Although Botham failed to make the headlines that day by contrast his Somerset teammate Vic Marks excelled as Gower recalls. “If you’re going to talk about contrasts then the difference between Vic and Ian was huge,” he said. “The only similarity was that they played for the same county! Vic was a much more understated character but he was a very canny bowler. If you transplanted him in to the current era he would still be successful because of his understanding of the way the game works. He was a vital part of that team in the competition.”
England posted a total of 333 for nine from their allotted overs but did he think that was going to be good enough? “We were confident that our score would be enough I think,” he said. “I can’t remember the exact conversations that we had about that on the day because it feels like it was 3000 years ago. In the context of the era though that was a good score and Sri Lanka were still to hit their peak. It’s clichéd to say it but you should never underestimate your opponents but with that many runs on the board in 1983 you would feel confident and so it proved.”
England were given a massive boost when Graham Dilley took two early wickets and Gower was full of praise for his former teammate. “Graham was right up there in terms of pace,” he said. “He had the ability to swing the ball at pace and he was a very potent force with the new ball. Raw pace un-nerves even the best and he had that pace. He also had one of the longest deliver strides you’ll ever see. It was a long dragging stride reminiscent of a bygone era and he was a fearsome prospect.”
Gower finished the tournament as the leading run scorer but what is his outstanding memory of the competition? “Ironically the thing that stands out in my memory most is losing the semi-final,” he said. “Although many people would say that the 1992 team was probably the better all-round team and was our best ever chance of winning a World Cup, the 1983 team had played pretty good cricket throughout the group stages and we just got it wrong at Old Trafford in that game against India. That sadly is what stands out because we felt that we were certainly good enough to get to the final and had we got there it would have been nice to have another chance against the West Indies having lost to them at the previous tournament. Obviously you can’t think that if India won it then we could have won it but it would have been nice to have another crack at a World Cup final. Sadly it wasn’t to be and as people so rightly say it’s deeply disappointing to lose a semi-final because you have that prize of a final in your sights and we just didn’t get it right.”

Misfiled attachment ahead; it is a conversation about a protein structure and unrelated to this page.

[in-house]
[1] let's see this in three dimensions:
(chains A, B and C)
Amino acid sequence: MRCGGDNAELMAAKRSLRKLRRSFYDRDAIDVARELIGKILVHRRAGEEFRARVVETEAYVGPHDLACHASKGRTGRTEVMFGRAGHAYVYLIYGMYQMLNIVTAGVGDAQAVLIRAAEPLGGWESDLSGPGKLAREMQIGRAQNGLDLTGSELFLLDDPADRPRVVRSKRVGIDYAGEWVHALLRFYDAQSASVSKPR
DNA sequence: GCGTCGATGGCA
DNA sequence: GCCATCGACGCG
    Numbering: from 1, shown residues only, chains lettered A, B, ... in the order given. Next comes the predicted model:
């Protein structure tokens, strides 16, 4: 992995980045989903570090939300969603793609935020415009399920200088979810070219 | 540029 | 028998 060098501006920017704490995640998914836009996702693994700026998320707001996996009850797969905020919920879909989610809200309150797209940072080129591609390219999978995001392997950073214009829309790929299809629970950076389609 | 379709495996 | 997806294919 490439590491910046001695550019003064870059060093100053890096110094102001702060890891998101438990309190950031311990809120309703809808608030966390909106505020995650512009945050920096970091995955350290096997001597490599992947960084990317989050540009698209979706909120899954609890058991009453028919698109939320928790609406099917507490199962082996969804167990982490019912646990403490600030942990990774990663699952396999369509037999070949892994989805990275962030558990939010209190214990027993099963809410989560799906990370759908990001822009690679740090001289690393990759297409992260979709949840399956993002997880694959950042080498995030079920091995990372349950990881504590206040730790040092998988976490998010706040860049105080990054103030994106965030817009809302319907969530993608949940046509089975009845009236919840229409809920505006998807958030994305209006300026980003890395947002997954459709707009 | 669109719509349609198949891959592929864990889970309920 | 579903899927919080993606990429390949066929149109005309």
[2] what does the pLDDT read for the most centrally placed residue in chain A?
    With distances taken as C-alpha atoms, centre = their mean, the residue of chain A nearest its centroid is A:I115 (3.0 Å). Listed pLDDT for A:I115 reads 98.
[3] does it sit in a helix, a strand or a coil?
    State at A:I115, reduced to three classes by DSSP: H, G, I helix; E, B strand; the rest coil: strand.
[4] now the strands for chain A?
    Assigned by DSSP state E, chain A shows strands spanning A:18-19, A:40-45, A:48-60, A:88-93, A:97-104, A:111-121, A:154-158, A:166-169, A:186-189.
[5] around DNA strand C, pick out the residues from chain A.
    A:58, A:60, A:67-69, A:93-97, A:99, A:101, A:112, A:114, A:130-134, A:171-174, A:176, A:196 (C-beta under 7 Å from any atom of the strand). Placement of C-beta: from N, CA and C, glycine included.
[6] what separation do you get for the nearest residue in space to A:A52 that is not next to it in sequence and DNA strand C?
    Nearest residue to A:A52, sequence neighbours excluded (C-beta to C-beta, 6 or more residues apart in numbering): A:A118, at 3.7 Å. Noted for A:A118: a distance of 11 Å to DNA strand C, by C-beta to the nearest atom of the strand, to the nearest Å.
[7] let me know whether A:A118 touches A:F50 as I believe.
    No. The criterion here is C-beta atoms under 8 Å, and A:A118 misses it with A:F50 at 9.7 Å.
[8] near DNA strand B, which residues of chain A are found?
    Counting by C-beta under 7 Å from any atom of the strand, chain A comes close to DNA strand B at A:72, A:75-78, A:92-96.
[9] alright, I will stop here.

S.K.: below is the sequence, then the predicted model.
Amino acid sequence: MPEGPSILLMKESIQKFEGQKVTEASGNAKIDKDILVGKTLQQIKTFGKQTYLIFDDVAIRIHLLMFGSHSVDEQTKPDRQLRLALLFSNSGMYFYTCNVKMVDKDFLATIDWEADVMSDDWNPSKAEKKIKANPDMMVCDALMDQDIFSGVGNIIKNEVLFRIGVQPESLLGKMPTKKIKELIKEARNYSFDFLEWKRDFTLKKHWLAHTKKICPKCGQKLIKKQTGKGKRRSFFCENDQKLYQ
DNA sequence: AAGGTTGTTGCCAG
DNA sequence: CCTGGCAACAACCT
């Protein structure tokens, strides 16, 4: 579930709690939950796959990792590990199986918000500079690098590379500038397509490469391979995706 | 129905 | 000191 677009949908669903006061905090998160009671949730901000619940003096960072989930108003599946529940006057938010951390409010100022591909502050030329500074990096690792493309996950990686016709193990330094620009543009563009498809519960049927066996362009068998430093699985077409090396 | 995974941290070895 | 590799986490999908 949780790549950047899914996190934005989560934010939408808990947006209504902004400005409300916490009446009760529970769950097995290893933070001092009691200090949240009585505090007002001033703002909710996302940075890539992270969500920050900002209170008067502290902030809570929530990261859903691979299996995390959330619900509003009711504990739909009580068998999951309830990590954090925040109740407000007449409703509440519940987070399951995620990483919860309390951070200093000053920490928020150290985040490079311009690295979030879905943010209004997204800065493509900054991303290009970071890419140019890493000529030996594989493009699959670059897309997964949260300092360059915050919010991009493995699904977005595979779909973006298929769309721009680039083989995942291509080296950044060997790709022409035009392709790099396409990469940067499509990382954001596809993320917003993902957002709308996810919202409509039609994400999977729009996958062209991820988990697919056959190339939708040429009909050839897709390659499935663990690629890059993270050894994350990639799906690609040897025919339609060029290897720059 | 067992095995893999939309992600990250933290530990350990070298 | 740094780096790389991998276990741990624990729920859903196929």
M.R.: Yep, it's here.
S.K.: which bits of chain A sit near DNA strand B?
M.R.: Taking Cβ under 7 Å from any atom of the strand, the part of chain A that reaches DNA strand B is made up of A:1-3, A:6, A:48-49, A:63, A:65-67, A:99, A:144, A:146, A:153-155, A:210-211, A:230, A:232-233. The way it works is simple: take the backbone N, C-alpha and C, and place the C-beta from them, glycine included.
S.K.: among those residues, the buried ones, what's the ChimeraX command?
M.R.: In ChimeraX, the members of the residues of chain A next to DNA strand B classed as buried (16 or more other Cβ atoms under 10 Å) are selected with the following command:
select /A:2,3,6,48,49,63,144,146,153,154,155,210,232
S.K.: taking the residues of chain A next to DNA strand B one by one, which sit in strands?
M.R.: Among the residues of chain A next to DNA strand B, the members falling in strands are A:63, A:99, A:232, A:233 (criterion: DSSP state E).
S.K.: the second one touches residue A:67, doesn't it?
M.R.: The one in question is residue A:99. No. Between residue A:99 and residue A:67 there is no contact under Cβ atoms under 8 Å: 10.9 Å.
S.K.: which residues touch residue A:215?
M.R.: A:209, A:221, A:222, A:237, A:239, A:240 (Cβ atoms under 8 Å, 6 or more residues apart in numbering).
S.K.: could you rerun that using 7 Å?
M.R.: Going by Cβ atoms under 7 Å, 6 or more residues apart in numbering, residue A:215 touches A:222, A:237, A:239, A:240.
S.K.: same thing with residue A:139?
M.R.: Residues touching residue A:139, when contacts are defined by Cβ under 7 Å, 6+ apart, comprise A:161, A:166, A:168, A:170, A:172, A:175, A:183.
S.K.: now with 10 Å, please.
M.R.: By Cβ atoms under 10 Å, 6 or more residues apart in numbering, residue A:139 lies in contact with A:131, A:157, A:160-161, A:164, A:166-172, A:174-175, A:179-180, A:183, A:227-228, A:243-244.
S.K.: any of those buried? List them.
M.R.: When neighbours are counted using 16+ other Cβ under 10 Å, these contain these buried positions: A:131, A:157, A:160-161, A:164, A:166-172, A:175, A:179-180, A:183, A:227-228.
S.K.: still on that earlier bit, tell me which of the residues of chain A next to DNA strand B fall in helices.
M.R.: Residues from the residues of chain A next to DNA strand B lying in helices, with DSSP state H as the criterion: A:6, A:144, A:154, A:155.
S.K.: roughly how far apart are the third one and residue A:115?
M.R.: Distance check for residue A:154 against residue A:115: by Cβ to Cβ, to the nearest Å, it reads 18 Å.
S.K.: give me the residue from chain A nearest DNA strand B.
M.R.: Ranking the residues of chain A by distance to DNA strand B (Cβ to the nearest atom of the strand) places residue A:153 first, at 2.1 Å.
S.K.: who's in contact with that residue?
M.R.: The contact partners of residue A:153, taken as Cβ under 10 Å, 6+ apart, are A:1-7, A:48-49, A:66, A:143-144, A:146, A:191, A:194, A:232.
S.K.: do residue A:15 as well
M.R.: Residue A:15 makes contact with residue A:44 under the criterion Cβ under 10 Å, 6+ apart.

Does he have fond memories of playing at Taunton during his career? “As a player Taunton was one of my favourite grounds and during that time Somerset was a team full of great names,” he said. “There was obviously Botham, Richards and Garner but also many more besides. It was a real challenge playing down there against a very good side. The biggest challenge was surviving Botham off the field in Taunton after play and I failed that more than once! Taunton was always a good place to play. It’s a sociable town and there’s always a great atmosphere at the ground. It’s been interesting to watch the development of the ground over the years from afar. I think it’s good to spread the international game across the country and take it to different venues where the game is well supported.”
What are his thoughts ahead of next month’s IT20? “England have taken their one-day game to new heights and South Africa have some spectacular players so you’ve got the makings of a high scoring contest and it should be a great event.”